Because both and are of smaller order of magnitude, can be ignored; Equation (2) can be simplified as follows:

Let the total compressibility of the matrix system be , then Equation (3) can be simplified as follows:

The known condition is ; then, substitute the known condition into Equation (4); then, it can be got as follows:

When the gas viscosity is related to pressure, cannot be treated as a constant, and the pseudotime is introduced to linearize the equation. So, Equation (5) can be simplified as follows:

Since the coefficient is a constant, is also a constant. Let the coefficients and be and , substitute them into Equation (6), and the percolation mathematical model of the matrix system can be got as follows:

2.2.3. Percolation Mathematical Model of Fracture System

Continuity equation of fracture system:where is the porosity of the fracture system, is the gas density of the fracture system, and is gas percolation velocity in the fracture system.

Substitute equation of motion , equation of state , compressibility coefficient of the fracture system, and the equation of interfacial flow into Equation (8), then it can be simplified as follows:where is the pressure of the fracture system, is the pore compressibility of the fracture system, is the gas compressibility of the fracture system, is the permeability of the fracture system, and is the initial porosity of the fracture system.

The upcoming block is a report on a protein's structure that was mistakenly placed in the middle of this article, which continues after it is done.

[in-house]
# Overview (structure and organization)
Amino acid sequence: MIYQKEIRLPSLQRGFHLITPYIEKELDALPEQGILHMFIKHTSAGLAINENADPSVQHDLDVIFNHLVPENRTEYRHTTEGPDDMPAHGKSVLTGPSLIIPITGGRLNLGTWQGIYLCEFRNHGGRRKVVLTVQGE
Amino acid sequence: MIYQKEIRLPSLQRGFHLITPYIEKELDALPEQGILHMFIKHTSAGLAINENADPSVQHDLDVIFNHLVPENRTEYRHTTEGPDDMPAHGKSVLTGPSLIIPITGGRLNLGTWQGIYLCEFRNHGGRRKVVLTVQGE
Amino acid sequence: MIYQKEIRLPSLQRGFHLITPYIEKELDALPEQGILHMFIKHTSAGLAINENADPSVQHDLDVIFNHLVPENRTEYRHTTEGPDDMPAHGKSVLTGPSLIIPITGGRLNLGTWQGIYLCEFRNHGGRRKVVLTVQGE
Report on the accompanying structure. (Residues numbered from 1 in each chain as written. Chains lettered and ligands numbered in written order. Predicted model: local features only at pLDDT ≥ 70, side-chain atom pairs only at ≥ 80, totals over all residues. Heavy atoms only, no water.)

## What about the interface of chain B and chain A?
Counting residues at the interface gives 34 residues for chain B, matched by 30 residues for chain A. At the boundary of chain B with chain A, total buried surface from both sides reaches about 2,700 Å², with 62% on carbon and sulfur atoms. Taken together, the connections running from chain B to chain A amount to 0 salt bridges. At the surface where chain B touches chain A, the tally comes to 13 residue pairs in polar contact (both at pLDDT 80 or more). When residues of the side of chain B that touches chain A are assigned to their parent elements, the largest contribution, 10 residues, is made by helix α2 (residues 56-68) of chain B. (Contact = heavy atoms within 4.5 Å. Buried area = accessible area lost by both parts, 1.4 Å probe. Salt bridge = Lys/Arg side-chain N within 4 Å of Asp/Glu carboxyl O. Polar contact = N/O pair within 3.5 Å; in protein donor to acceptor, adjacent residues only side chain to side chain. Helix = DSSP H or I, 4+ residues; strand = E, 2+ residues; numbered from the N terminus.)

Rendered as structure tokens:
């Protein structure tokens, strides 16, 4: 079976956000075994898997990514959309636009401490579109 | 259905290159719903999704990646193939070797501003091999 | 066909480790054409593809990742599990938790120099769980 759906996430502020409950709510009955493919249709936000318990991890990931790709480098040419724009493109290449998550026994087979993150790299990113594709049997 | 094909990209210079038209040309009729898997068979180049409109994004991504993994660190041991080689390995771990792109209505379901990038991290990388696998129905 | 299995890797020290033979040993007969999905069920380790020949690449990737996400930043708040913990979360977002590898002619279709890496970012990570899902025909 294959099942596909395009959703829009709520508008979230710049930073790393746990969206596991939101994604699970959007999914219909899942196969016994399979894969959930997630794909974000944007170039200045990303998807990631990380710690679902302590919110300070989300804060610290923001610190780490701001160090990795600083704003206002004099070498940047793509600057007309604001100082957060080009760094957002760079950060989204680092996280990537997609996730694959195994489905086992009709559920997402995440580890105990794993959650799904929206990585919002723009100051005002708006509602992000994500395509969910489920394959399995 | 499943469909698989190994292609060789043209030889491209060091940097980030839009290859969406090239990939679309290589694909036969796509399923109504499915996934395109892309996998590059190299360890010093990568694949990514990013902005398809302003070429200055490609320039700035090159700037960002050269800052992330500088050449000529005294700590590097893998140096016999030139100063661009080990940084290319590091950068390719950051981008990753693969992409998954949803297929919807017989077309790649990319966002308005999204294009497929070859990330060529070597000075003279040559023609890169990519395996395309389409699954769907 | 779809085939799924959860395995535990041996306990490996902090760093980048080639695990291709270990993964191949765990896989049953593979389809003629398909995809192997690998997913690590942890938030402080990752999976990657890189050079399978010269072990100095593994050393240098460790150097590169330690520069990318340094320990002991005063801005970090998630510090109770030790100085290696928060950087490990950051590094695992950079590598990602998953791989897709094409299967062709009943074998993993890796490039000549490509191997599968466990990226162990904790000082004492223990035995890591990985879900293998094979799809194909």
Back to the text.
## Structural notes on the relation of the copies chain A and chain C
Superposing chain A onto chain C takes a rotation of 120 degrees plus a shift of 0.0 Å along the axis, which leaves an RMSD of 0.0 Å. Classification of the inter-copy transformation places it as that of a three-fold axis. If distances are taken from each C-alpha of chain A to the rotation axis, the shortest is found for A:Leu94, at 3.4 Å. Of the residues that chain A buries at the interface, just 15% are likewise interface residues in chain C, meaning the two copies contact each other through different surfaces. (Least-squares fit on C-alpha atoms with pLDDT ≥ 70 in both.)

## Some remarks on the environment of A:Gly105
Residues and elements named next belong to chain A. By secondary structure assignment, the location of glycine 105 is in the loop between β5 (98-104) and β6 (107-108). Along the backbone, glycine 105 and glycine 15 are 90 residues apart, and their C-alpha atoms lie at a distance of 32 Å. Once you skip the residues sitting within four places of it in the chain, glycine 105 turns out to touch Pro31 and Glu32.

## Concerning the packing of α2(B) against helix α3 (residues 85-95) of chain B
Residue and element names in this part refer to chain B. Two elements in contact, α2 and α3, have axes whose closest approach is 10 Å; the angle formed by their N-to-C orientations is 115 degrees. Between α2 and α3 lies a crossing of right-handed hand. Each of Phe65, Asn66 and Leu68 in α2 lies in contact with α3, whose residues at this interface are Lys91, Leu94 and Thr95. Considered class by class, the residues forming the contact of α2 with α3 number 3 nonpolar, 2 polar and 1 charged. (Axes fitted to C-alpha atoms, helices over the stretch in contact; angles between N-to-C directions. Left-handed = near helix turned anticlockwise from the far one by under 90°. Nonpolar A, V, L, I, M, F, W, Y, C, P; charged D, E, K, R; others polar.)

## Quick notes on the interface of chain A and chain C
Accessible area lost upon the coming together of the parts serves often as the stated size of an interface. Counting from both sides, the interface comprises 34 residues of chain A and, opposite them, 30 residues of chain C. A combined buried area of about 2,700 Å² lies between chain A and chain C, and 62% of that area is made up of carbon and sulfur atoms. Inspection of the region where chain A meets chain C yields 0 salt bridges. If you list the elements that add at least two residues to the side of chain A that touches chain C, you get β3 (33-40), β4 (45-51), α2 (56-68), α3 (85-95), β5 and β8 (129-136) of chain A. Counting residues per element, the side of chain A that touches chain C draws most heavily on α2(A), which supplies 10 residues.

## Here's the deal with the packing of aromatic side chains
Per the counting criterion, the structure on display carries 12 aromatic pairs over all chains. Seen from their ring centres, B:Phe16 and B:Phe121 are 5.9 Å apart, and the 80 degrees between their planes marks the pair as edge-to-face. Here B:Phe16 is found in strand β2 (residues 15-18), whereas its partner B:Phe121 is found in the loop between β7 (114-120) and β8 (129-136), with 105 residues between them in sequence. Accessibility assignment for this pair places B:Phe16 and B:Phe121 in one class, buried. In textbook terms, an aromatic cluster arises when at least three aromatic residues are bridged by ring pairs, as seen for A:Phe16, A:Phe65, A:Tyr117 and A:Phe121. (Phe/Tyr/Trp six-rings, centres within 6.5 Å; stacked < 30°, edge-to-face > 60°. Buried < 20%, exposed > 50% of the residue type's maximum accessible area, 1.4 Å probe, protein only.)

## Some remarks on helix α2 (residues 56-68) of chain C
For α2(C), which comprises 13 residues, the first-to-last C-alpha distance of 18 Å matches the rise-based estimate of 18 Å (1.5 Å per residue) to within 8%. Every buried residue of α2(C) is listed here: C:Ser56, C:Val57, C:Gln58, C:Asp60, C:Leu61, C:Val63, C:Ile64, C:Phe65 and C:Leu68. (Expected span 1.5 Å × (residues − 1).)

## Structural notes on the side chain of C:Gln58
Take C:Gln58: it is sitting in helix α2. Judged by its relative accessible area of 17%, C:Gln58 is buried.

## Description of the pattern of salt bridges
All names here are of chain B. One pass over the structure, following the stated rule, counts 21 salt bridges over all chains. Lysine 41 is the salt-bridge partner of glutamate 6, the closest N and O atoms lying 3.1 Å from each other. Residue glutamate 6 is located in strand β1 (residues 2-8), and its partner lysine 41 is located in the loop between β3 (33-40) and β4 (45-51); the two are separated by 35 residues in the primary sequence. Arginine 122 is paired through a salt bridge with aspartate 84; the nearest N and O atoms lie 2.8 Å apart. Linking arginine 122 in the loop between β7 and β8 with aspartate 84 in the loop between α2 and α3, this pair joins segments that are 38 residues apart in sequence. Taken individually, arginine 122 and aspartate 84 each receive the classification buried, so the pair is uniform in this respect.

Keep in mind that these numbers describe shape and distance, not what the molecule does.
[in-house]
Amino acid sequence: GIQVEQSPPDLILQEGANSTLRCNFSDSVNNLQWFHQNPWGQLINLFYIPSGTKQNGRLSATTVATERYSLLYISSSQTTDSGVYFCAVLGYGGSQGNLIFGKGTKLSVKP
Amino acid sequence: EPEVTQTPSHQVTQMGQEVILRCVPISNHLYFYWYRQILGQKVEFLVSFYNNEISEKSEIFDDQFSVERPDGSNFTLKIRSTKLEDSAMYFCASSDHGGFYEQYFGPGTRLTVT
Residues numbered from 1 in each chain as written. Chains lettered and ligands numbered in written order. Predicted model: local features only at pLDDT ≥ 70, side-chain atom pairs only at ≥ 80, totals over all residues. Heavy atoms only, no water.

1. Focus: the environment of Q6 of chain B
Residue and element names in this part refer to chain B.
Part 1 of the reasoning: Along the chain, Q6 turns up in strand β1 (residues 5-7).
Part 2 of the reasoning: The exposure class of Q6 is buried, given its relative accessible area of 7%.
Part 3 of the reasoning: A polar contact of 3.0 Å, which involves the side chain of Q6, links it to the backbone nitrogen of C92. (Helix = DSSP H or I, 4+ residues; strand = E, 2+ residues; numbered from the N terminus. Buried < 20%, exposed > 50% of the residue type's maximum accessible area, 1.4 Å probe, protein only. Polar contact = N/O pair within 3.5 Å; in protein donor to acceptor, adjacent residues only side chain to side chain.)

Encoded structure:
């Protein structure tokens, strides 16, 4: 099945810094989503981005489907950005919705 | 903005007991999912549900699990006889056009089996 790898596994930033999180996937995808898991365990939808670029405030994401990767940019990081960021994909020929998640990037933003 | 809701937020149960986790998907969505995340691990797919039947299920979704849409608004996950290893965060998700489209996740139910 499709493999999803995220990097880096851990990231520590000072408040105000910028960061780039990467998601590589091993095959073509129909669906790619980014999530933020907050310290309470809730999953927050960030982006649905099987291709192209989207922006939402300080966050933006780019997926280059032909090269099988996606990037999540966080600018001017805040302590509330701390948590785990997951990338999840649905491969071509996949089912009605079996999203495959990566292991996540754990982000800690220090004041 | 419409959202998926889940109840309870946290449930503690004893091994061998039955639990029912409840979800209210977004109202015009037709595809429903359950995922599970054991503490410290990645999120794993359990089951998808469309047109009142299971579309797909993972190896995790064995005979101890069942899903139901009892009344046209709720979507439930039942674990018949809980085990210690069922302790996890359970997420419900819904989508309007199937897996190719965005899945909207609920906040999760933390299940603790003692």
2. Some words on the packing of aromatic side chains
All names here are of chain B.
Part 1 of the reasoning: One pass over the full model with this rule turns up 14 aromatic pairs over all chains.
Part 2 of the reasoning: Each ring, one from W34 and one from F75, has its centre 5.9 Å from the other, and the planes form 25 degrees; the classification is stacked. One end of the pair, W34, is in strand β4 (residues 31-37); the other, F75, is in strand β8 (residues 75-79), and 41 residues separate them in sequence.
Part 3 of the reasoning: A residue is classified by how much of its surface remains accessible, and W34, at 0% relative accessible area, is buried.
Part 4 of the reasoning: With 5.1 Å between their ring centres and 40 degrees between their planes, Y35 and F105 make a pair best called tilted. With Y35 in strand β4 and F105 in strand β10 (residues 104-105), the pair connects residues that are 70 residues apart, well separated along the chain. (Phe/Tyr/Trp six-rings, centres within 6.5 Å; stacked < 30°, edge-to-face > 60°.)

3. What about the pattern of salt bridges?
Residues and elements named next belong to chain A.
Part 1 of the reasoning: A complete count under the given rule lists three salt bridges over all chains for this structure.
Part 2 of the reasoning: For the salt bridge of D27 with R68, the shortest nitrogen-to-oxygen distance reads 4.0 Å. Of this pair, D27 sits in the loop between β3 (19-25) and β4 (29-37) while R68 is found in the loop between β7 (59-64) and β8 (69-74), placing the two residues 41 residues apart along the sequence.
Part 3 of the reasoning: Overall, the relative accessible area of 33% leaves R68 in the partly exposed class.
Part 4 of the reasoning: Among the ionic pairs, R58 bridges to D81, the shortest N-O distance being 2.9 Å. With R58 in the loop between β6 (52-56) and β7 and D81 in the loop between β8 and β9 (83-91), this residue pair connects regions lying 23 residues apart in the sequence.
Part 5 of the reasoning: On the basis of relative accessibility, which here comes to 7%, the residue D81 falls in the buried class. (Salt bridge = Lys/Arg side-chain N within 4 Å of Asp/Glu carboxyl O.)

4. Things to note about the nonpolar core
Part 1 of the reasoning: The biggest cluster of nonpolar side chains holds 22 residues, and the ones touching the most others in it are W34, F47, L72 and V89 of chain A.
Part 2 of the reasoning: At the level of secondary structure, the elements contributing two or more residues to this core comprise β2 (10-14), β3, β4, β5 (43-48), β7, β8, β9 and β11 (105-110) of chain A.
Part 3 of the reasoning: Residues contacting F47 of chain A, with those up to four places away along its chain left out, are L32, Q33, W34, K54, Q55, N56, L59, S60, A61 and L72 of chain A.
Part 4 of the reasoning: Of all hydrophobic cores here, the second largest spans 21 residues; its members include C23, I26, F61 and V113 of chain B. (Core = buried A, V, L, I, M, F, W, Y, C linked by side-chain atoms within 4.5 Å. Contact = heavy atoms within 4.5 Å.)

Because the order of magnitude of and is small, can be ignored, and let equation be the total compressibility of the fracture system, then Equation (9) continues to be simplified as follows:

The known condition is ; then, substitute it into Equation (10); then, the equation can be simplified as follows:

When considering that the gas viscosity is related to pressure, cannot be treated as a constant; the pseudotime is introduced to linearize the equation. So, Equation (11) can be simplified as follows:

Since the coefficient is a constant, is also a constant. Let the coefficients and be and , substitute them into Equation (12), and the percolation mathematical model of the fracture system can be got as follows:

2.2.4. Boundary and Original Conditions

Both the boundary conditions and the initial conditions were constructed to satisfy the discrete fractured reservoir according to the actual production of the gas field and physical model.

(1) Outer Boundary Condition: Constant Pressure.

(2) Inner Boundary Condition: Constant Production.

(3) Initial Condition. When the shale gas reservoir is not opened, reservoir pressure is the original reservoir pressure as follows:

(4) Inner Boundary Conditions at the Fracture.

3. Model Solution

3.1. Basic Parameters
3.1.1. Shale Gas Reservoir and Gas Basic Parameters

The well depth is 2000 m, and the borehole radius is 0.1 m. There are 3 artificial fractures and 9 natural fractures. The reservoir and gas parameters involved in the solution process of the model are partly from the experimental and production data of the shale gas reservoir of the Longmaxi formation in southern Sichuan as shown in Table 1.